A young Emma Goldman in her mug shot after her arrest for conspiring with her lover Alexander Berkman in an assassination attempt on steel baron Henry Clay Frick.
Note—I have posted this before, as recently as last year but the two women are particular favorites of mine and I immodestly think that the poem is one of my better efforts.
Emma Goldman, whose grave I have visited on pilgrimages to the Haymarket Memorial in Forest Home Cemetery, and Helen Keller, who has fascinated me since seeing The Miracle Worker and reading a paperback biography I ordered from a Scholastic Book Club flyer shared a common birthday on June 27.
Helen Keller as a student at Radcliffe was already world famous for her astounding achievements overcoming blindness and deafness.
You know, if you have visited here before, that such calendar coincidences trigger an inexplicable urge to commit poetry.
Most people recognize Goldman’s name as America’s most famous anarchist. They may be surprised to learn that she was also a famous lecturer whose talks on theater, religion, women’s rights, and free love drew as much attention in their day as her calls to smash the state and end capitalism.
Goldman was such a compelling writer and public figure that even the capitalist press was eager to publish her fiery essays.
Keller’s profound advocacy of Socialism and the IWW has largely been white washed from her public image. But that is changing as folks on the left slowly become aware that she was a comrade and fellow worker.
Helen Keller as a Joan of Arc type hero leading the working people of the world to triumph in an allegorical scene from her 1919 silent film Deliverance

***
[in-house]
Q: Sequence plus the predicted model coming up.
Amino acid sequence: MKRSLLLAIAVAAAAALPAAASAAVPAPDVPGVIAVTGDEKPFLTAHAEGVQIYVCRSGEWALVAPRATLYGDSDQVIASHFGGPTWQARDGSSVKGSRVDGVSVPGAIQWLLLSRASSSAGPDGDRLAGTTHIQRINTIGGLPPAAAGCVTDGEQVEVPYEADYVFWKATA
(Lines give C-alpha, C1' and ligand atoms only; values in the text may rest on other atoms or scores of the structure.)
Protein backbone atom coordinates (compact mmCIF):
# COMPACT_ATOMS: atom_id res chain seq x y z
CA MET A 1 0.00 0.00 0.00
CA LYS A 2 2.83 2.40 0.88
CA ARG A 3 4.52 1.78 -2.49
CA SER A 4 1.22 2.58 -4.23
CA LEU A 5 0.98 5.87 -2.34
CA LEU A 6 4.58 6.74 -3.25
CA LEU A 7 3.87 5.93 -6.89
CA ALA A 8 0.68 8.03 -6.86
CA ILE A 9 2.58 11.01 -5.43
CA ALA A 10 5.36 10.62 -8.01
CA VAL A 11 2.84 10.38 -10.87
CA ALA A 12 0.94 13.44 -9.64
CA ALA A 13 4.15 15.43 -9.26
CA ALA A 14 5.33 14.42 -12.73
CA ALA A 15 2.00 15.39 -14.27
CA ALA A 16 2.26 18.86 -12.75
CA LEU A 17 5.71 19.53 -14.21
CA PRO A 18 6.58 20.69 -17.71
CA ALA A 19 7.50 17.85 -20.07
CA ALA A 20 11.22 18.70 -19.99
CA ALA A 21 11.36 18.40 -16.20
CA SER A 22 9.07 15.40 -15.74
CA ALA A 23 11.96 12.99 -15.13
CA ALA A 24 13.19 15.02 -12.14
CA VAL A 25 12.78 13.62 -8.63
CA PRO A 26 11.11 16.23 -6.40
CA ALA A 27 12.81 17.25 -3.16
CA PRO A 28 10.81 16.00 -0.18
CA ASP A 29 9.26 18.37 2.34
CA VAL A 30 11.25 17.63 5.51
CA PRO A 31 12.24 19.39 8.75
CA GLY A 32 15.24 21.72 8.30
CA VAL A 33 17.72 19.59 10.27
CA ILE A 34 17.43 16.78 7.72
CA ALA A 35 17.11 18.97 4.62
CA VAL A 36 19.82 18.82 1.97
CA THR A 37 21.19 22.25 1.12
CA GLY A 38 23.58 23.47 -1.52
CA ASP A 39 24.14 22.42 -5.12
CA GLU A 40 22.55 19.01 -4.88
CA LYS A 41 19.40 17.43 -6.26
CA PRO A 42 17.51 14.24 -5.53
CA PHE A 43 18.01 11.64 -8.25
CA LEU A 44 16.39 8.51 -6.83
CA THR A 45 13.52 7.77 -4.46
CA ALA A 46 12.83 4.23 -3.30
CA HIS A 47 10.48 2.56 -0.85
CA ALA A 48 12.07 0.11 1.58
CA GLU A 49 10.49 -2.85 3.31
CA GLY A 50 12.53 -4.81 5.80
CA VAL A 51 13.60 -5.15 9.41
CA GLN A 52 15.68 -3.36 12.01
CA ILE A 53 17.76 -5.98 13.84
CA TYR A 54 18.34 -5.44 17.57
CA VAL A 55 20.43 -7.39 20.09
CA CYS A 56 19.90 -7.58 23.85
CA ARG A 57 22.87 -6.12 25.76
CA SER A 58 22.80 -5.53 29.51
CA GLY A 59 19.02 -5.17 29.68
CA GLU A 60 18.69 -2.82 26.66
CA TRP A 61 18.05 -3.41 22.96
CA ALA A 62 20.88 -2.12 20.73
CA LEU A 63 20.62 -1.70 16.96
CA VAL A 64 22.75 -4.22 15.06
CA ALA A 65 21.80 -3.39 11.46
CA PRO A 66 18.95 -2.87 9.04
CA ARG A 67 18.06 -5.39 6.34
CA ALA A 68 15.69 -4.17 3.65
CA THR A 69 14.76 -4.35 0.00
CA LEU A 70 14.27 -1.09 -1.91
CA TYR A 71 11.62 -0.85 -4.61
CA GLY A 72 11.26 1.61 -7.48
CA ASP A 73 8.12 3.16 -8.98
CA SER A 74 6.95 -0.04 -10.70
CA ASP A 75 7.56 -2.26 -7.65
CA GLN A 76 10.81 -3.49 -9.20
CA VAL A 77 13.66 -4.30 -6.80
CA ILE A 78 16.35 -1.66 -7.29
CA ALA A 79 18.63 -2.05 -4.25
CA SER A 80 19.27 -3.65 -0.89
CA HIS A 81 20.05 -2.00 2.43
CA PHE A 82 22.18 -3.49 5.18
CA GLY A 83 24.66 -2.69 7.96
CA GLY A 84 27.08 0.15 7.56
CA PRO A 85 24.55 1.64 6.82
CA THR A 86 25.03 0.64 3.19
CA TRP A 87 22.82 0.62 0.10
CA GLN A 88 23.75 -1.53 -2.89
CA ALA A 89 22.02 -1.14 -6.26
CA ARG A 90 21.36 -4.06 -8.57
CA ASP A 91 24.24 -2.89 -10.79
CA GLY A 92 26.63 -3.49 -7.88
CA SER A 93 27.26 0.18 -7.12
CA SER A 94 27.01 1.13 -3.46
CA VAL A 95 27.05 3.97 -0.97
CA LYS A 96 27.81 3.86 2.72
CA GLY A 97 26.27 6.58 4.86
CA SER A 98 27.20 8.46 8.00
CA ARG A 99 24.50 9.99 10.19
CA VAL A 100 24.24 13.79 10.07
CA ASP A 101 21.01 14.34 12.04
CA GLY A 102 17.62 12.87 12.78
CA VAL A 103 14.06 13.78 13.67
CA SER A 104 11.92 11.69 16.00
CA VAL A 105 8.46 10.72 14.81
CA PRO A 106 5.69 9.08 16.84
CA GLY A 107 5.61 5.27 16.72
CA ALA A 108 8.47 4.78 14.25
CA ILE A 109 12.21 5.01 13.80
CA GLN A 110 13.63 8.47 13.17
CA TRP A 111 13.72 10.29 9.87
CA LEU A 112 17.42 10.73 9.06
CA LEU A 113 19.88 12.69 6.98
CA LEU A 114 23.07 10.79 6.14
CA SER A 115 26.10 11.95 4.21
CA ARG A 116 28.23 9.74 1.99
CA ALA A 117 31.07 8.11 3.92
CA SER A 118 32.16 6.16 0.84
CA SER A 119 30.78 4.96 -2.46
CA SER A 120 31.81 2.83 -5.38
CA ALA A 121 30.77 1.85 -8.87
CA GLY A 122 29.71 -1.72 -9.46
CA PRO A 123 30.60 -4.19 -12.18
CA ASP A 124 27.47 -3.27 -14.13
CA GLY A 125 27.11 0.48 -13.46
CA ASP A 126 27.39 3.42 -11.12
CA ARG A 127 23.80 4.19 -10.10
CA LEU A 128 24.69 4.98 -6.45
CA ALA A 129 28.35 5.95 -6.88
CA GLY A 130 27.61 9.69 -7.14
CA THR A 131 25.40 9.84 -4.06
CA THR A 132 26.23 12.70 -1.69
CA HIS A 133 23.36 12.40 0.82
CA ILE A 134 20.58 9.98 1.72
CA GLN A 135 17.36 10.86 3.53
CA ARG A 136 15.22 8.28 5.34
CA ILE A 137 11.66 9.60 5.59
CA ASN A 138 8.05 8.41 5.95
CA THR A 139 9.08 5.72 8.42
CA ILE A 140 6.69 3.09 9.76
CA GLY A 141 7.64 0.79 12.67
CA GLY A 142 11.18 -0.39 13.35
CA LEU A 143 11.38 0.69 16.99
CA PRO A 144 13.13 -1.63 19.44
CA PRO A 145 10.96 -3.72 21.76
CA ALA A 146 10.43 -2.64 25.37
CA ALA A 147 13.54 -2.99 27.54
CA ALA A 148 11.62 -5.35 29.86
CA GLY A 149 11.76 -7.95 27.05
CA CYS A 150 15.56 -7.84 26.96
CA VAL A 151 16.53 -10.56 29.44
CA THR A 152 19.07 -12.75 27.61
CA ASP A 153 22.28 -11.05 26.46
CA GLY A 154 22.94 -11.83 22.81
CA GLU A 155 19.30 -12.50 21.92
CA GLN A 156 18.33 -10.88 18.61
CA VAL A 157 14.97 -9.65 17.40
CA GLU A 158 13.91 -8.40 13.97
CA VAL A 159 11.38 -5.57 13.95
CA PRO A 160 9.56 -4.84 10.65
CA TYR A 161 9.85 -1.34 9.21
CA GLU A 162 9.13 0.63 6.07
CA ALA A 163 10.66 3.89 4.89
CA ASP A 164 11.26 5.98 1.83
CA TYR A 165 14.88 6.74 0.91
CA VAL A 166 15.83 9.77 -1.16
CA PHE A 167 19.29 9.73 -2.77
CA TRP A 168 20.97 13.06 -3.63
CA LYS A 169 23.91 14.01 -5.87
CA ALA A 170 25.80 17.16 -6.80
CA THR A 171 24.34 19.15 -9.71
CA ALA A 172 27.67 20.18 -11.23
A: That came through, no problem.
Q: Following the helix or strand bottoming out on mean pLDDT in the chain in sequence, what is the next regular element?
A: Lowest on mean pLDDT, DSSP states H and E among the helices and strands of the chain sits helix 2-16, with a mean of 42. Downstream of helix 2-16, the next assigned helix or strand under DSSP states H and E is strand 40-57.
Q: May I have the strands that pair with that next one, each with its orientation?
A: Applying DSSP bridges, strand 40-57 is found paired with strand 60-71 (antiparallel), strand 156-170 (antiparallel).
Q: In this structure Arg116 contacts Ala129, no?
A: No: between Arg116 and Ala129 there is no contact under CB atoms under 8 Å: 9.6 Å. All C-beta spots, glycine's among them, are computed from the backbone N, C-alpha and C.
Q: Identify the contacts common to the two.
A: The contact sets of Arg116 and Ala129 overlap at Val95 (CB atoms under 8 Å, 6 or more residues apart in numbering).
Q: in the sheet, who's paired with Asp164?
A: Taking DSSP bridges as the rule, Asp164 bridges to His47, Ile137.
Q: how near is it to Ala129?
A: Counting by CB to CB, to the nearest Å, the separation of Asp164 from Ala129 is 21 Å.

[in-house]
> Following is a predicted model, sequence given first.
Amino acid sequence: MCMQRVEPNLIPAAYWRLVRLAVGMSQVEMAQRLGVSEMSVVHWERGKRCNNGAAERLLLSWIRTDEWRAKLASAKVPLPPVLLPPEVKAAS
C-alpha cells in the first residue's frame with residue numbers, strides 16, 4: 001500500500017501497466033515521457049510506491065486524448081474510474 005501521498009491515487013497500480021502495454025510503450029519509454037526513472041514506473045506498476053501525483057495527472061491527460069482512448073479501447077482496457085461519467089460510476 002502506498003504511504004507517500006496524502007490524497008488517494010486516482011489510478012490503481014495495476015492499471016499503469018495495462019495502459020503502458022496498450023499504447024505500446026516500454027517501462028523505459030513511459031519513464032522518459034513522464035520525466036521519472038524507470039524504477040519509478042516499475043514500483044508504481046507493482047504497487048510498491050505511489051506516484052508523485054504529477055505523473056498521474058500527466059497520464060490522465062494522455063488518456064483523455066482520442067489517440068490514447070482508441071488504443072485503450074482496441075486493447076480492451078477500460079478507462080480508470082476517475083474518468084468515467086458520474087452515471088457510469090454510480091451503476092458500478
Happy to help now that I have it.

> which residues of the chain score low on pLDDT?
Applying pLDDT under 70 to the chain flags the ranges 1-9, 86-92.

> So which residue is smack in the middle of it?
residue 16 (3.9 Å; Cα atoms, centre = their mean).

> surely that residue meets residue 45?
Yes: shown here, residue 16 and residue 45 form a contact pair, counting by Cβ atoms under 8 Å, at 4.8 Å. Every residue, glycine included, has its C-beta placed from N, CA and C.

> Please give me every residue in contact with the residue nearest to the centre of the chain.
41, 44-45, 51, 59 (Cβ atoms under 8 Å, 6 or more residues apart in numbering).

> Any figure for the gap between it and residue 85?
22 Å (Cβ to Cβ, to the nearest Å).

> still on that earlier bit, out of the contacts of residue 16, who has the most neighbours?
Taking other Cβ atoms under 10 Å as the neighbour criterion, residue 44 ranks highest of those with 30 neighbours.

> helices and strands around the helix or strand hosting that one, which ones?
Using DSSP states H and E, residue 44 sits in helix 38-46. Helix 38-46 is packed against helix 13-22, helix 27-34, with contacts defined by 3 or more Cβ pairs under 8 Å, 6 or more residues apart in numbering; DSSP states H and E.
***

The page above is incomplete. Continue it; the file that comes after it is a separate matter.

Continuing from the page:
In these dark times it is good to remember our sheroes.
Birthday Sisters Emma and Helen
Emma Goldman June 27,1869, Konvo, Imperial Russian Lithuania
Helen Keller, June 27, 1880, Tuscumbia, Alabama, USA
If I can't dance, I don't want to be part of your revolution—Emma Goldman
…there is no king who has not had a slave among his ancestors, and no slave who has not had a king among his.—Helen Keller.
You might not suspect that they were sisters.
Emma with her square jaw and carelessly attend hair,
gray eyes peering through
those old fashion pinze nez spectacles
perched upon her nose,
the urban smells of coal fire,
delivery horse dung and workman’s sweat
clinging to her frumpy clothes,
speech meticulously enunciated
barely betraying here and there
a Yiddish trace.
Helen, who would have been a delicate beauty
in her youth
were it not for those disconcerting,
Confederate grace and slave cotton wealth
a mantle on her delicate shoulders,
the sweet lilt of a gentlewoman
lost to grunts and moans.
These two knew what it was like
to be a stranger, an exile,
an alien other
and ultimately what it was like
to be a celebrated curiosity.
They learned as a Jew
and as a side show freak,
as women, after all,
what oppression was
but also that they
were not alone—
They swam in a sea of oppression
and learned early
of the solidarity of the school
against the sharks
that would consume them.
Maybe the world expected little else
from the Jewess
who threw her lot early
with the filthy anarchists
who made bombs
and plotted attentats
like that job she pulled
passing the pistol
to her lover, for god sake,
to plug Henry Clay Frick.
But the world was aghast
when the delicate Radcliffe flower
who had charmed Mark Twain,
Alexander Graham Bell,
and Teddy Roosevelt,
raised the Red Flag
and fell side by side
with the laborers,
the despised—even the Negros!
The atheist anarchist
and the Socialist Wobbly
who dabbled in Swedenborgism
and a mystic Red Jesus
did not agree on details,
they might have enjoyed
a friendly debate
each being a master
of the platform.
But each in her own way
was steadfast to the end
of her long life
for a revolution of liberation
and the ultimate triumph
I imagine sometimes
that as they each
traversed the country
on lecture tour or
if they ever crossed paths
in say, a railway station
in Omaha or a
hotel lobby in Akron
and fell into each other’s arms
“Sister, sister, I have found you!”